Suppose (purely for the sake of argument) that half of nurses with Munchausen syndrome were serial killers of patients, what then? One can see that there would be a conflict between the rights of society and those of the individual. If the nurse were dismissed on the grounds of the high statistical risk that she posed, she might justly complain that she was being punished for what she had not done, for what she might do. She was still innocent both in law and in fact. But who would want to go, or want his loved ones to go, to a hospital where a nurse with a fifty per cent chance of becoming of becoming a serial killer was employed?
Suppose again, using the same notional statistics, that a person who acknowledged that she had Munchausen’s syndrome applied for a job as a nurse to a hospital. Should she be rejected? Most people would say that she should, but if Munchausen is accepted as a bona fide disability, this would be to discriminate against her on grounds that are now forbidden by law. We are on the horns of a dilemma: either we treat her as an individual, or as a member of a group. If we treat her as an individual we defy common sense and employ her because there is nothing against her personally; but if we treat her as a member of a group and not as an individual we are in effect allowing discrimination of the kind which is commonly denounced as morally reprehensible.
In fact, it is inevitable that we discriminate in some situations and for some purposes, whether or not we do so in and for others. An airline, for example, that knowingly employed a drug addict as a pilot would be culpable; but in America it is now illegal for insurance companies to discriminate against addicts because addiction must be treated as a disease like any other.
Be this all as it may, I advised the hospital to keep a particularly sharp eye out for any unexplained medical crises, ending in death or not, that occurred on the ward in which this nurse was working. She should be suspended at the first suspicion, while investigations were carried out; but in the event, no such action was ever necessary. Whether the mere fact of having been sent to me deterred her – for of course serial killers act under conscious control – or whether she had never had any propensity to serial killing I shall never know, for it is unknowable; but of course I like to think that I averted an infamous episode, having had few occasions in my life to be a hero.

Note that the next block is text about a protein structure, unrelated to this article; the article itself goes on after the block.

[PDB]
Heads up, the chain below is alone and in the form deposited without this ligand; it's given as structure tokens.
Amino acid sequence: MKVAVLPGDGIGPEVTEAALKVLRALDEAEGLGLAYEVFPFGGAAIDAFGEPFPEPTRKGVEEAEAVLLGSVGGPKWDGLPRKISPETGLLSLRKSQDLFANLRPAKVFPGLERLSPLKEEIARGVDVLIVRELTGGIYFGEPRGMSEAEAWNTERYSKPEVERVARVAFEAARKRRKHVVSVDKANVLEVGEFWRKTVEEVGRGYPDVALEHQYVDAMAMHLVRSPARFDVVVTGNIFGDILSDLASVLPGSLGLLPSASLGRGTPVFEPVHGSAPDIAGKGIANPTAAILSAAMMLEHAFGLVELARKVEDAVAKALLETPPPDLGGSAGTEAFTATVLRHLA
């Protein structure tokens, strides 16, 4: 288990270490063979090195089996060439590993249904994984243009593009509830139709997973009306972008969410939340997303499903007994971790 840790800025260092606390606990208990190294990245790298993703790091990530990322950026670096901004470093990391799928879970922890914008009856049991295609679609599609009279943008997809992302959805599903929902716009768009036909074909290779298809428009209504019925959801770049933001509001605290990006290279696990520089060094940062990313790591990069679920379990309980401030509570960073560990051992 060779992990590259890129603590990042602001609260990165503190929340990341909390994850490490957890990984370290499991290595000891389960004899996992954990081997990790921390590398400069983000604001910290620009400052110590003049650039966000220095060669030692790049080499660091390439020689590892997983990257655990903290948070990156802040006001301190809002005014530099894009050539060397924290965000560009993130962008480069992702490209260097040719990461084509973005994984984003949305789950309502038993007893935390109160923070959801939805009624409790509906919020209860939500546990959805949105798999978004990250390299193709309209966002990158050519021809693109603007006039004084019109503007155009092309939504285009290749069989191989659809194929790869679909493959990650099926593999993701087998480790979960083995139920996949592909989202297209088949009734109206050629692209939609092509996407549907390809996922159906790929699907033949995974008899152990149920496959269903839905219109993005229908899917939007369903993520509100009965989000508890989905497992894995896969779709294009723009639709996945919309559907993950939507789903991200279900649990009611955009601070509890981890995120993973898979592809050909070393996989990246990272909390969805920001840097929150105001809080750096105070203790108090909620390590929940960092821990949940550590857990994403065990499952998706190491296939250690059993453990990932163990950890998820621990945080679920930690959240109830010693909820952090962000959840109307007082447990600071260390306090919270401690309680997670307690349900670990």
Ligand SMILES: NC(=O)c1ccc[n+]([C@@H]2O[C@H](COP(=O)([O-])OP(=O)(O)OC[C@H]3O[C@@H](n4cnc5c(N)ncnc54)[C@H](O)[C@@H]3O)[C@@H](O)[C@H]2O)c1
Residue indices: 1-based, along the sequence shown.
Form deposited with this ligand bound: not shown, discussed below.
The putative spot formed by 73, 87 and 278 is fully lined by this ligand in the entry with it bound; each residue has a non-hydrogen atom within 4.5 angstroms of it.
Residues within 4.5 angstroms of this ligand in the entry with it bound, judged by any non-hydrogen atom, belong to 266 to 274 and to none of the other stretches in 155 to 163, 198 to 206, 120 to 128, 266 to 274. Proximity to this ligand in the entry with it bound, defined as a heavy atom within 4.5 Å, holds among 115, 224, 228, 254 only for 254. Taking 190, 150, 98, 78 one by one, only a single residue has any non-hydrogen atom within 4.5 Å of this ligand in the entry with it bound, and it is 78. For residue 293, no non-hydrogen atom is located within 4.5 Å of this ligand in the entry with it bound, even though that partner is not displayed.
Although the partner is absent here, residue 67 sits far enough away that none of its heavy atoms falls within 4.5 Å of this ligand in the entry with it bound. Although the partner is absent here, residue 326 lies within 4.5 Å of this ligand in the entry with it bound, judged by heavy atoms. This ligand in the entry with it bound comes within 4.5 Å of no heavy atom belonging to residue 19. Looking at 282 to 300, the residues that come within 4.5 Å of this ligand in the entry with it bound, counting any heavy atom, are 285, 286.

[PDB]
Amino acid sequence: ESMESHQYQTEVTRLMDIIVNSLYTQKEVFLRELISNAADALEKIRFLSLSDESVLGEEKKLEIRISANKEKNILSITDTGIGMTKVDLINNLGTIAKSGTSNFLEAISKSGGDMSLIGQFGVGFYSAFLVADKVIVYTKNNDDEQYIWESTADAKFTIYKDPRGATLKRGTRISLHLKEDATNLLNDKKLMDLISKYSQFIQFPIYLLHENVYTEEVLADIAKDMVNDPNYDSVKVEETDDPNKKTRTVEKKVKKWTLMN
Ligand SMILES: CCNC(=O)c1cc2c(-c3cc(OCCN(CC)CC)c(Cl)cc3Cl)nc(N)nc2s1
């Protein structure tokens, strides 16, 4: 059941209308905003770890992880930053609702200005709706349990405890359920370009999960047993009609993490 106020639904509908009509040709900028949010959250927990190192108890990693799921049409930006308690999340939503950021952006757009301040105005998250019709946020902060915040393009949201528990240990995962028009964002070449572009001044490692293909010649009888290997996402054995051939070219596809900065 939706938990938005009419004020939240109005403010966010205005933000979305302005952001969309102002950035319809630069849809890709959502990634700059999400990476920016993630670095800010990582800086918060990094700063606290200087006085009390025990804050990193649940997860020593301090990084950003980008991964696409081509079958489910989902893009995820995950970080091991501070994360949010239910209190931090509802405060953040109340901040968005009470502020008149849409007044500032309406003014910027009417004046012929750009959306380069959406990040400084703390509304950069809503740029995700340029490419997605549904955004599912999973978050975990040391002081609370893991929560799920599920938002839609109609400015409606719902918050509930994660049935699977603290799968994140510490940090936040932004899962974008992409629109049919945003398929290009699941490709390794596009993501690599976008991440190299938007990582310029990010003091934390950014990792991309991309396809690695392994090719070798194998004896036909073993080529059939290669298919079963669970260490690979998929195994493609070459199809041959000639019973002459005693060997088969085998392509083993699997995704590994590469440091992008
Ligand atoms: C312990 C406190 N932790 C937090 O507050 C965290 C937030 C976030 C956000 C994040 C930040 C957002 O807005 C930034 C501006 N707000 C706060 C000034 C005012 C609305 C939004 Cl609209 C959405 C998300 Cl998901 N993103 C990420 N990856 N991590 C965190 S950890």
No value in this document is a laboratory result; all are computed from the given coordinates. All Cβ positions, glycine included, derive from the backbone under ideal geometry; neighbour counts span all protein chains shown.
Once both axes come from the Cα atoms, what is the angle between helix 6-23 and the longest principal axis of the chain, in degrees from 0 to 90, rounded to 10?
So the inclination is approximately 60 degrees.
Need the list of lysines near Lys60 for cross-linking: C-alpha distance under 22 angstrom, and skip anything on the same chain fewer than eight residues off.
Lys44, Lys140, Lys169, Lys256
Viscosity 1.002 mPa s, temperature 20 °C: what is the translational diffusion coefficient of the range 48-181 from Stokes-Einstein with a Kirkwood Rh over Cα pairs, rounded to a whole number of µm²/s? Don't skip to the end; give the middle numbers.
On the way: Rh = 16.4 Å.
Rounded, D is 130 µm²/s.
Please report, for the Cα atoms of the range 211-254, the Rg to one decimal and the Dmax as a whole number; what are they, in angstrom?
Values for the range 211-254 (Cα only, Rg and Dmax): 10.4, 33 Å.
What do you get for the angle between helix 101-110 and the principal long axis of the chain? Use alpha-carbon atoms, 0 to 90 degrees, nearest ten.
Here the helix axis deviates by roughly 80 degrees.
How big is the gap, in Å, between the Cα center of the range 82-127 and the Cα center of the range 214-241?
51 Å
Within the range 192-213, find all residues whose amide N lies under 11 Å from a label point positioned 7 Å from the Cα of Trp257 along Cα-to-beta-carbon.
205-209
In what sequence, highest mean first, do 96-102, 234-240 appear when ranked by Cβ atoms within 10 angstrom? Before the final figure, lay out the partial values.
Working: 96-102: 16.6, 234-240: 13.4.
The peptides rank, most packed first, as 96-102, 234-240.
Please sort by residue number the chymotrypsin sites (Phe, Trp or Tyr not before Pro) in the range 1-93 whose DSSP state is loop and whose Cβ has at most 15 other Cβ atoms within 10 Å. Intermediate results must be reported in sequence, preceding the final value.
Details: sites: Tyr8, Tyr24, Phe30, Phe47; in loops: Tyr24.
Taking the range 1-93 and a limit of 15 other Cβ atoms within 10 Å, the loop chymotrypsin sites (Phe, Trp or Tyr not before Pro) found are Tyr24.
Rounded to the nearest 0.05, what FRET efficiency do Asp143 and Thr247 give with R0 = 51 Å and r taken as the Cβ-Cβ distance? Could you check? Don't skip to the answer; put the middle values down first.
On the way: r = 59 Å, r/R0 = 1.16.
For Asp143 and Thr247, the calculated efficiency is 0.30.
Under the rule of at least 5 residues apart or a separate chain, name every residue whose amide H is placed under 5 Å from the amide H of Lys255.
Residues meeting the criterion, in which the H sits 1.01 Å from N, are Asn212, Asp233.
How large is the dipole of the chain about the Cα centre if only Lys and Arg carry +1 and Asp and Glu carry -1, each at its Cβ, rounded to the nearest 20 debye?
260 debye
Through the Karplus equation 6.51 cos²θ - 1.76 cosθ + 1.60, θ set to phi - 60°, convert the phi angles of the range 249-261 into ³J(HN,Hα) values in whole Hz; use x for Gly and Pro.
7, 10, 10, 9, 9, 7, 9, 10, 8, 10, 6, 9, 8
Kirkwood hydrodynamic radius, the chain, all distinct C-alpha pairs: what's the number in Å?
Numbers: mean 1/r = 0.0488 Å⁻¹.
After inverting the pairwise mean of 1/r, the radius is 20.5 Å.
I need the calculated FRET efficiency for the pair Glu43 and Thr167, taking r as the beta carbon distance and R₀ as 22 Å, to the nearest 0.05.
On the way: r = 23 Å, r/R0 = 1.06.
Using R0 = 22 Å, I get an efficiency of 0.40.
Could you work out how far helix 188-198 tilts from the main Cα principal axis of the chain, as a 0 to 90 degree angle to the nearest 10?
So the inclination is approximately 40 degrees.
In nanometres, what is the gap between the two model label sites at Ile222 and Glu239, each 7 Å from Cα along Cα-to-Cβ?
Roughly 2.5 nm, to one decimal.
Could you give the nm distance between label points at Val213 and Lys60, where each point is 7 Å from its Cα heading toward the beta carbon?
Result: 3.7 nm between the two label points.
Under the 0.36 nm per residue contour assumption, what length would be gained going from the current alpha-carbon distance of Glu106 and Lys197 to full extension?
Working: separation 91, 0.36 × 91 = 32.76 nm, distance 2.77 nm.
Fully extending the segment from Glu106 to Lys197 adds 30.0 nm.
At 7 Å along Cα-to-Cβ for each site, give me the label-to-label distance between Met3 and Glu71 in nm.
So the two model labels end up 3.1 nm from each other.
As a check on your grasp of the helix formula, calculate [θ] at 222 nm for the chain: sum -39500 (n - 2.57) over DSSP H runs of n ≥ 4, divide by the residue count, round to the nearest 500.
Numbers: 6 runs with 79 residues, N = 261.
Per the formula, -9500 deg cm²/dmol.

In preparation for my future attendance at the trial of the alleged serially-killing nurse, I decided to read about healthcare serial killers, and found a book by a forensic psychologist with the title Inside the Minds of Healthcare Serial Killers. For like almost everyone else, I am prey to the illusion that if only I study or read enough about a certain kind of behaviour, I will come to ‘understand’ it better. One might almost call this the mirage of understanding: it shimmers enticingly in the distance, but however far you go, it remains just as distant.
The book turned out to be mainly a descriptive compendium of cases, but as for explanation, I found it not. As we shall see, I do not blame the author, Katherine Ramsland, for this, as human behaviour is that which passeth understanding, at least by humans; perhaps there are superior beings somewhere in the universe who could understand us as we understand the laws of motion, but until then we are stuck with incomprehension, even about what understanding would be, let alone understanding itself. In other words, we have not merely incomprehension, but meta-incomprehension.
The book contains a brief historical survey of healthcare serial killers, starting in the mid-nineteenth century. Perhaps until then doctors and nurses killed their patients only by accident (George Washington perhaps among them), but as the pharmacopoeia expanded, so did opportunities to act upon dark desires. And the appetite grows with feeding.